The youngest grandchild was fourteen months old, toddling around like a drunken sailor, occasionally crawling under the glass-topped dining room table to get away from the fray. The oldest party-goer was my Dad's cousin Arthur, a tall thin 83-year-old flirt. In between were all the rest of us, eating cake, talking, laughing, doing a jig saw puzzle, wrangling nieces and nephews--"Lucy! Get down!"--and looking at the album of photos which we compiled for Dad's 75th.
He cried when he looked at all the old pictures, some of which he had even forgotten existed. There was our mother, dark-eyed and gorgeous and young, before the M.S., before the bad times. There we all were with our terrible '70s haircuts, up against the car with the sun in our eyes, squinting.
Dad was overcome and overjoyed. And he cried when I showed him the poem I wrote for him, which I tucked as a surprise into See How We Almost Fly. I really don't have words for how much I love my father. I can't convey the utter sweetness of this man who would do anything, give anything for his children. He shows me the roundness of a life well-lived, coming full circle, the children's children on his lap, the overspilling living room.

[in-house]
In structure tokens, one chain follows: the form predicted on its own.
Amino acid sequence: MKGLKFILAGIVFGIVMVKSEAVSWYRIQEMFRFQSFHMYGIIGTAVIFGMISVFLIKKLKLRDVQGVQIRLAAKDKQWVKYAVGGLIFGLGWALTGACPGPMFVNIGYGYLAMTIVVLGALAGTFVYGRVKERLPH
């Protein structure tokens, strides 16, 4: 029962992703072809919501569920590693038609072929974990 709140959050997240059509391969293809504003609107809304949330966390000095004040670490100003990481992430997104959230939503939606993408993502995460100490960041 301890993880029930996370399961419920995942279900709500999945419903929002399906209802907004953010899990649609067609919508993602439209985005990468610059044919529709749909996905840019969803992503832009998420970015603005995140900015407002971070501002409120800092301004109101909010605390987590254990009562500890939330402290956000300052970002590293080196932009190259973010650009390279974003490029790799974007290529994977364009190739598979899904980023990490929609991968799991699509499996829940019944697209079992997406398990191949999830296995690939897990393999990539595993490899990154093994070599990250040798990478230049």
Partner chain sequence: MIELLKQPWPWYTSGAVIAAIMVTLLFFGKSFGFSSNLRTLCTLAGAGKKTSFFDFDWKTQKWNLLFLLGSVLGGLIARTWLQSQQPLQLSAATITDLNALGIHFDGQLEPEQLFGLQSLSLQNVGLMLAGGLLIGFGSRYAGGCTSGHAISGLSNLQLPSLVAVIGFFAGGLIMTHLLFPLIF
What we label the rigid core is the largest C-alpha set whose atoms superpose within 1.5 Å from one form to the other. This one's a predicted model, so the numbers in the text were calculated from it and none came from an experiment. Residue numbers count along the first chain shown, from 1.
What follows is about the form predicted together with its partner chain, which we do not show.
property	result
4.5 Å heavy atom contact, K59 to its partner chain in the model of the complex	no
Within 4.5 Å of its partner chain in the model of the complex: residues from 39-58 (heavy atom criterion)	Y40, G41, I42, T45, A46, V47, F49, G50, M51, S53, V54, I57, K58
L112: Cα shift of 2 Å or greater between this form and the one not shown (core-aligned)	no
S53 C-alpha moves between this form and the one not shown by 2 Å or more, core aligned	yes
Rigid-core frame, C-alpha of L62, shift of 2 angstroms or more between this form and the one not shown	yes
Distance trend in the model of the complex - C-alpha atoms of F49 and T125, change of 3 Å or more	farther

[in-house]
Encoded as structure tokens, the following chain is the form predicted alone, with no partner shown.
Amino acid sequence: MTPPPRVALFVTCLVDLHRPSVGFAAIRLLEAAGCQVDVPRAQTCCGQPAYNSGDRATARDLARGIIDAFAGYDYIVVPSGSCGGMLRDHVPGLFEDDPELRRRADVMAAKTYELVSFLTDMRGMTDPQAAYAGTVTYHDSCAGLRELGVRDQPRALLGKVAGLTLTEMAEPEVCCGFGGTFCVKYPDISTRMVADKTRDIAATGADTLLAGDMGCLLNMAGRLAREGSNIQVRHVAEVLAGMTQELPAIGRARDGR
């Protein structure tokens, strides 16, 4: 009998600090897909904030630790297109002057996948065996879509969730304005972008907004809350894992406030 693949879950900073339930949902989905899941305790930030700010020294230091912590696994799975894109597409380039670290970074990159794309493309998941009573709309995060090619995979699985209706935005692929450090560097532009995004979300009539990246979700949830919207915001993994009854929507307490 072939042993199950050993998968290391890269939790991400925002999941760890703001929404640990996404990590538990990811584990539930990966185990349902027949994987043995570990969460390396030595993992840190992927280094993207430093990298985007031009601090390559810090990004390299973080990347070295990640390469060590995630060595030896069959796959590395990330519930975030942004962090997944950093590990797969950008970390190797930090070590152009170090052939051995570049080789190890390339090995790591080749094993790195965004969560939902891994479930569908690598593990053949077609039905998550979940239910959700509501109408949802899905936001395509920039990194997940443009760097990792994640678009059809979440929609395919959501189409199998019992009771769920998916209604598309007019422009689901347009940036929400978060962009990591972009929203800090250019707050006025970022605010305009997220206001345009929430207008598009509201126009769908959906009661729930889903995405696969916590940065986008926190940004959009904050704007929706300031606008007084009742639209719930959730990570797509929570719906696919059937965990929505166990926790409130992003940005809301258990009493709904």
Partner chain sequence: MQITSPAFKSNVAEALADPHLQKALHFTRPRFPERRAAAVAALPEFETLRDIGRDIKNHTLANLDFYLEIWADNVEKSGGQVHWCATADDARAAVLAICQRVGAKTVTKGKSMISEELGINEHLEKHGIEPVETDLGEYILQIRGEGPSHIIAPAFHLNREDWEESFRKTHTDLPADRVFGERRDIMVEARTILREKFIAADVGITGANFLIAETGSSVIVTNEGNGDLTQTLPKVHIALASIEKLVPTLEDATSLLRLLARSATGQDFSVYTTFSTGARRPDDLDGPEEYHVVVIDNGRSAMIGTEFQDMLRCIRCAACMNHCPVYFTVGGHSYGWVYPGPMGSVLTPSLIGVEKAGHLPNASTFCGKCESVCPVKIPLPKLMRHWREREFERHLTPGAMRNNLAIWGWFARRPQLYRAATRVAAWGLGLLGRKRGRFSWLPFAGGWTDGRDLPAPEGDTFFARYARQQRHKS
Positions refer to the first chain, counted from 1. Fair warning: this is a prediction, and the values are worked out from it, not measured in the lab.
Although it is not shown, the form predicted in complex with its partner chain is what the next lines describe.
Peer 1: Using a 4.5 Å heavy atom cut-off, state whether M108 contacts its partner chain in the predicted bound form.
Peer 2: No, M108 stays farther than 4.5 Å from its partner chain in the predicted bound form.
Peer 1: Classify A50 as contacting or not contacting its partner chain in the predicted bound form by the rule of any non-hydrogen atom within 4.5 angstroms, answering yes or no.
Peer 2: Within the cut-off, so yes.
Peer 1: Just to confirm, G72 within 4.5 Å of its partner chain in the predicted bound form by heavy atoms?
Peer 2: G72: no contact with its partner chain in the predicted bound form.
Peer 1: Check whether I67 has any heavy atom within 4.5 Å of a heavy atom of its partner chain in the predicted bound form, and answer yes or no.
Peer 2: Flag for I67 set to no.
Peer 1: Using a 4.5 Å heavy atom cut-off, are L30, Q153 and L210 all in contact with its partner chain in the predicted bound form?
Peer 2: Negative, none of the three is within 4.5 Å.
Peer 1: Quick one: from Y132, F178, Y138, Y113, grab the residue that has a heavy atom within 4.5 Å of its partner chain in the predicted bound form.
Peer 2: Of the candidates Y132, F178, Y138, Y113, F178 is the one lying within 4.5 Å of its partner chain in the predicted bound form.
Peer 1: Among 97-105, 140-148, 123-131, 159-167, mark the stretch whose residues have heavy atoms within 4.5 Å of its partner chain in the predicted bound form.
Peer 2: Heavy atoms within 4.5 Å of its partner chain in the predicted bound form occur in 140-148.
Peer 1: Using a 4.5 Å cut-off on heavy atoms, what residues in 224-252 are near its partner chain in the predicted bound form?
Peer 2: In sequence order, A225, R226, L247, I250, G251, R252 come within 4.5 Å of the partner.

There was a freak early snow on the day we celebrated his birthday--earliest in the year in recorded history. I had brought my long underwear and I wore it, despite everyone's teasing--yes, I am a California wuss and I need to be warm. Christopher and I went out and ate pub food. I wanted him to taste real New England onion rings which are so delicious and about a jillion calories apiece. He liked the clam chowder and the fish chowder.
Monday, my birthday, we wandered around Newburyport, a scenic little fishing town that has become a tourist mecca. Looked in windows at stores selling ships in a bottle, looked at boats on the dilapidated wharf, ate seafood chili, and wandered under leafy tree-cathedrals. I had taught poetry workshops in a nephew's fifth grade classroom and a niece's kindergarten earlier in the week, so there was a little bit of everything: work, play, family, and couple time. The one thing there was no time or space for was writing, so now I'm back at it, back at my desk, looking at rough drafts for some new poems, the revision of an essay about remarriage, and of course the new play, The Recruiter. Trying to decide which thing to work on first. Poems win.